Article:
CP Daily: Tuesday May 7, 2019

Published 23:31 on May 7, 2019  /  Last updated at 00:35 on March 19, 2022  / Carbon Pulse /  Newsletters

A daily summary of our news plus bite-sized updates from around the world.

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California forestry offsets vastly overstate emission reductions, report finds

California’s forestry offset protocol inflates the amount of emission reductions that have occurred due to inaccurate assumptions built into the methodology, an academic report published Tuesday has shown in findings disputed as flawed by the state’s carbon market regulator and project developers.


Grand Theft Europe: Pan-European investigation lifts lid on EU ETS tax fraud

German non-profit media organisation CORRECTIV has coordinated 35 newsrooms across Europe to open the lid on the €5 billion carousel fraud that shook the EU carbon market to its core nearly a decade ago, finding that tax authorities are still pursuing or have reached settlements with a number of major investment banks and brokers.

Utility Uniper’s Q1 operating profit almost halves as carbon costs take toll

Germany-based utility Uniper reported a 47% year-on-year slump in Q1 2019 EBIT to €185 million as power output dropped on warmer weather and amid higher carbon costs, it said in financial results on Tuesday.

EU Market: EUAs climb above €26 to recover from post-compliance slump

EUAs rose by more than a euro on Tuesday as prices reversed post-compliance losses amid higher gas prices, with traders predicting renewed supply tightness on expectations that industrials will hoard more of their newly-obtained allocations.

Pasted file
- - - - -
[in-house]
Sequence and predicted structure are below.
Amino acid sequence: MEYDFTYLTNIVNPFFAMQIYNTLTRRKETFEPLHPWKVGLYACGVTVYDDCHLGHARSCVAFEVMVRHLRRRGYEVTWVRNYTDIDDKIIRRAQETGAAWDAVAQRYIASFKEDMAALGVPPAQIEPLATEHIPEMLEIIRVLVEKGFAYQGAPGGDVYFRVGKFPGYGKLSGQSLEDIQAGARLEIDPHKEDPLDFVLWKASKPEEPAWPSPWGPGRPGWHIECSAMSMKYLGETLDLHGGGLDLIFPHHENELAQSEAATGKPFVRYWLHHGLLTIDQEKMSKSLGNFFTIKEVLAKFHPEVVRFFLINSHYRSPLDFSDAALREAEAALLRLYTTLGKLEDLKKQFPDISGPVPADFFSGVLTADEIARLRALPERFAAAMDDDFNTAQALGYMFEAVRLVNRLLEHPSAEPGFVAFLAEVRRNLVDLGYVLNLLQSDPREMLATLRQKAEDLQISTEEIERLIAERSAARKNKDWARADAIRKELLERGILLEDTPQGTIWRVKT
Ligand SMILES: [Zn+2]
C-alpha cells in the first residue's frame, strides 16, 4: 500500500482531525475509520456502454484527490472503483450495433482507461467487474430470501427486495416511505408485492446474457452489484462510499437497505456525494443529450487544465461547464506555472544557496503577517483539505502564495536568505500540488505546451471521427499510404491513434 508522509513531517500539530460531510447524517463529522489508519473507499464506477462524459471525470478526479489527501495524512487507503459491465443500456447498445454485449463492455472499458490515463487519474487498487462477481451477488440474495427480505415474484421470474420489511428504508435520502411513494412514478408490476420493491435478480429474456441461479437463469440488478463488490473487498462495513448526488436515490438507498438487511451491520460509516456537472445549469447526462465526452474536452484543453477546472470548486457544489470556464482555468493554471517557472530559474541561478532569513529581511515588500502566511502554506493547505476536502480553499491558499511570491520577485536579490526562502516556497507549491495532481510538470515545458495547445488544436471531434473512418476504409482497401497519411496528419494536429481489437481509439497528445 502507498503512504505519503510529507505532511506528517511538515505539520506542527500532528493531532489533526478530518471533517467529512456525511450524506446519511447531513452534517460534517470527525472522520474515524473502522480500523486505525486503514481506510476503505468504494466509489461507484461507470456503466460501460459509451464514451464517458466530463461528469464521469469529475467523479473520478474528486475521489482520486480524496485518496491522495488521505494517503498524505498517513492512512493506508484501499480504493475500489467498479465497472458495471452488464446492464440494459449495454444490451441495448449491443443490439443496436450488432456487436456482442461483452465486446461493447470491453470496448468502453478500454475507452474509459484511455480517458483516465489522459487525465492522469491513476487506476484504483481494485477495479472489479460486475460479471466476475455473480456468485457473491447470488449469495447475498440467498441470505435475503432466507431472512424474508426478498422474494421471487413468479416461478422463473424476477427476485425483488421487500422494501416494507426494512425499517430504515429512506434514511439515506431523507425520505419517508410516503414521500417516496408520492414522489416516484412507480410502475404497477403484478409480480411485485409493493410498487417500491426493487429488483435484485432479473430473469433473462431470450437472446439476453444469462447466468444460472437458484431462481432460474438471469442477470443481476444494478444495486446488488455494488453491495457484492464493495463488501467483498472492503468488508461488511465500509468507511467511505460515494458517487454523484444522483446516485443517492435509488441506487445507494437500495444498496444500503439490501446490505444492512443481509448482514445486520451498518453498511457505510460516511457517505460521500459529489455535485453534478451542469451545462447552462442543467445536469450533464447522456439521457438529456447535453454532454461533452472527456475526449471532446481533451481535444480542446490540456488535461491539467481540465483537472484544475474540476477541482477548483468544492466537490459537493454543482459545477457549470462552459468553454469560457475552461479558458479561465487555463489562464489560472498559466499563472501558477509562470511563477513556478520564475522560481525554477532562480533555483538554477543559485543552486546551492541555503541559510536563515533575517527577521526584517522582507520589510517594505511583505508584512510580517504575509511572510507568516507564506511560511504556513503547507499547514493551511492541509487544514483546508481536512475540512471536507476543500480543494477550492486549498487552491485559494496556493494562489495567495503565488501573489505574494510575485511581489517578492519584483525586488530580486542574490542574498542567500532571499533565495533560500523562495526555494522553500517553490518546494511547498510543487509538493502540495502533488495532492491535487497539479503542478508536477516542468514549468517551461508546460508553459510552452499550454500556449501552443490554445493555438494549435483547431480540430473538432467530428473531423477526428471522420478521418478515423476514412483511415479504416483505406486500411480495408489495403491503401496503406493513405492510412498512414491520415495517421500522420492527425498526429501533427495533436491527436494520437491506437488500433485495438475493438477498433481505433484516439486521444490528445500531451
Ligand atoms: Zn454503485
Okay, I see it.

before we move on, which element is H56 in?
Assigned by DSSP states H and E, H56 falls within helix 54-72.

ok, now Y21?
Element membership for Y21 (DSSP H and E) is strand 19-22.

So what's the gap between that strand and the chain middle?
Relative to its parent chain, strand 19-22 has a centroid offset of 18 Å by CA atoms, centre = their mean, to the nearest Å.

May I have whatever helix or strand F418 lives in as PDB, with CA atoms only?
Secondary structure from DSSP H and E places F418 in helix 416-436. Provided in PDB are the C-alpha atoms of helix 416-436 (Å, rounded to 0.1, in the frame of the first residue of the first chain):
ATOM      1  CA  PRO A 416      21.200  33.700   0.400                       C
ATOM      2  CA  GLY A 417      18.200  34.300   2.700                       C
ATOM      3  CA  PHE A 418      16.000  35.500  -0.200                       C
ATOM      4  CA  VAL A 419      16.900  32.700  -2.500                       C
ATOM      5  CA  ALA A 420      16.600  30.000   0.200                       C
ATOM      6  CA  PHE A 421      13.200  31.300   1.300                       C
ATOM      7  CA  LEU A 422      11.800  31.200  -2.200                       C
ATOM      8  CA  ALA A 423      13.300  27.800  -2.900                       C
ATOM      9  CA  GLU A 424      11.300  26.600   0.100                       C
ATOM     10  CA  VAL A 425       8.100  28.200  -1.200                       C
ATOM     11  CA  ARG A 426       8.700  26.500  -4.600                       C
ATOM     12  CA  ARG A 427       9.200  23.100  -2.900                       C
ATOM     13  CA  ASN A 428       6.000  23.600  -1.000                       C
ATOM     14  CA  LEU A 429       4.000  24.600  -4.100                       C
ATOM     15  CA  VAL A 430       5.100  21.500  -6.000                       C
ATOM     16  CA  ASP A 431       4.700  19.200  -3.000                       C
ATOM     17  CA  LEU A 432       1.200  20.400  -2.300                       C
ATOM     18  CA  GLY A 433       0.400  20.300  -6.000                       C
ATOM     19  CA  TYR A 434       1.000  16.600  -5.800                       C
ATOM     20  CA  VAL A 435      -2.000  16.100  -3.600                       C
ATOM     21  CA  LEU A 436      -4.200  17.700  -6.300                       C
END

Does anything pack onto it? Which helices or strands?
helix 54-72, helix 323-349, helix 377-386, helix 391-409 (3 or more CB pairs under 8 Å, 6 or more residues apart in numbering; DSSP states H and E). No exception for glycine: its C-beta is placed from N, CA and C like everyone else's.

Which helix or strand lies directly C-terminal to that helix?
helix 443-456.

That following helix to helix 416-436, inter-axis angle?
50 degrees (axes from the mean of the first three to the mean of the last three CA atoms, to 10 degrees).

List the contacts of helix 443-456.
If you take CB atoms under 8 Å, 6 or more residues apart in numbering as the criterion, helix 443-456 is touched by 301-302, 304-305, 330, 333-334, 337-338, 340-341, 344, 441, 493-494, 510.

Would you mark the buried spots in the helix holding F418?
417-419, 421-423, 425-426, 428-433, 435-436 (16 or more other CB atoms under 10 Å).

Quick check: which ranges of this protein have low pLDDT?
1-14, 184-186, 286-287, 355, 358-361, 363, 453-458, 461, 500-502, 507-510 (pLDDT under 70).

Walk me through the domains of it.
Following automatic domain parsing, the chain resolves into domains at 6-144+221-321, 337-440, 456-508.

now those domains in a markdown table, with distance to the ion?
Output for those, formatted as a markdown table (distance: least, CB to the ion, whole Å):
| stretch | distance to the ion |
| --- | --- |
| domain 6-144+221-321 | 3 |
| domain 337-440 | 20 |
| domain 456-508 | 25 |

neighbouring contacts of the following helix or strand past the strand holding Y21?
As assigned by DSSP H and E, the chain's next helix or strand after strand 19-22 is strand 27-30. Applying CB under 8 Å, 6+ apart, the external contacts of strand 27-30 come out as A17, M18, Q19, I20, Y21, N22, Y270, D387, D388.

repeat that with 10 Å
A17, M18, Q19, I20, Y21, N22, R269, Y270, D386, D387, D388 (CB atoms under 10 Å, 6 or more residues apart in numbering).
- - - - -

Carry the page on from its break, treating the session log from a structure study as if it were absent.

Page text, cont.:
Latest amendments to Oregon’s cap-and-trade bill set out changes to electricity sector allocations

Oregon electricity generators and system managers would receive a greater number of carbon allowances through mid-century under an omnibus amendment package introduced Monday for the state’s WCI-modelled carbon market proposal, as some groups began calling on lawmakers to pass the bill out of committee.

RGGI has not had formal discussions with Pennsylvania about potential carbon market -chairman

RGGI has not held formal discussions with Pennsylvania about potentially joining the northeast US cap-and-trade programme as the state’s Department of Environmental Protection (DEP) recently recommended developing a power sector ETS, the programme chairman told Carbon Pulse.


Beijing delays ETS compliance deadline amid registry update

The Beijing municipal government has pushed back the annual compliance deadline for its emissions trading scheme by a month after partly shutting down the allowance registry for an upgrade.



Border busting – The EU will not intervene to impose tariffs on power imports from outside the bloc, though countries could individually tax them for environmental purposes, EU climate commissioner Miguel Arias Canete told the Spanish government, reiterating the bloc’s considerable institutional requirements to setting EU-wide border measures. “Applying a carbon tax at the border would require a unanimous decision by member states,” Canete replied by letter to a Spanish request for clarification regarding the country’s electricity imports from Morocco as coal-fired generation increases in the North African state. (Montel)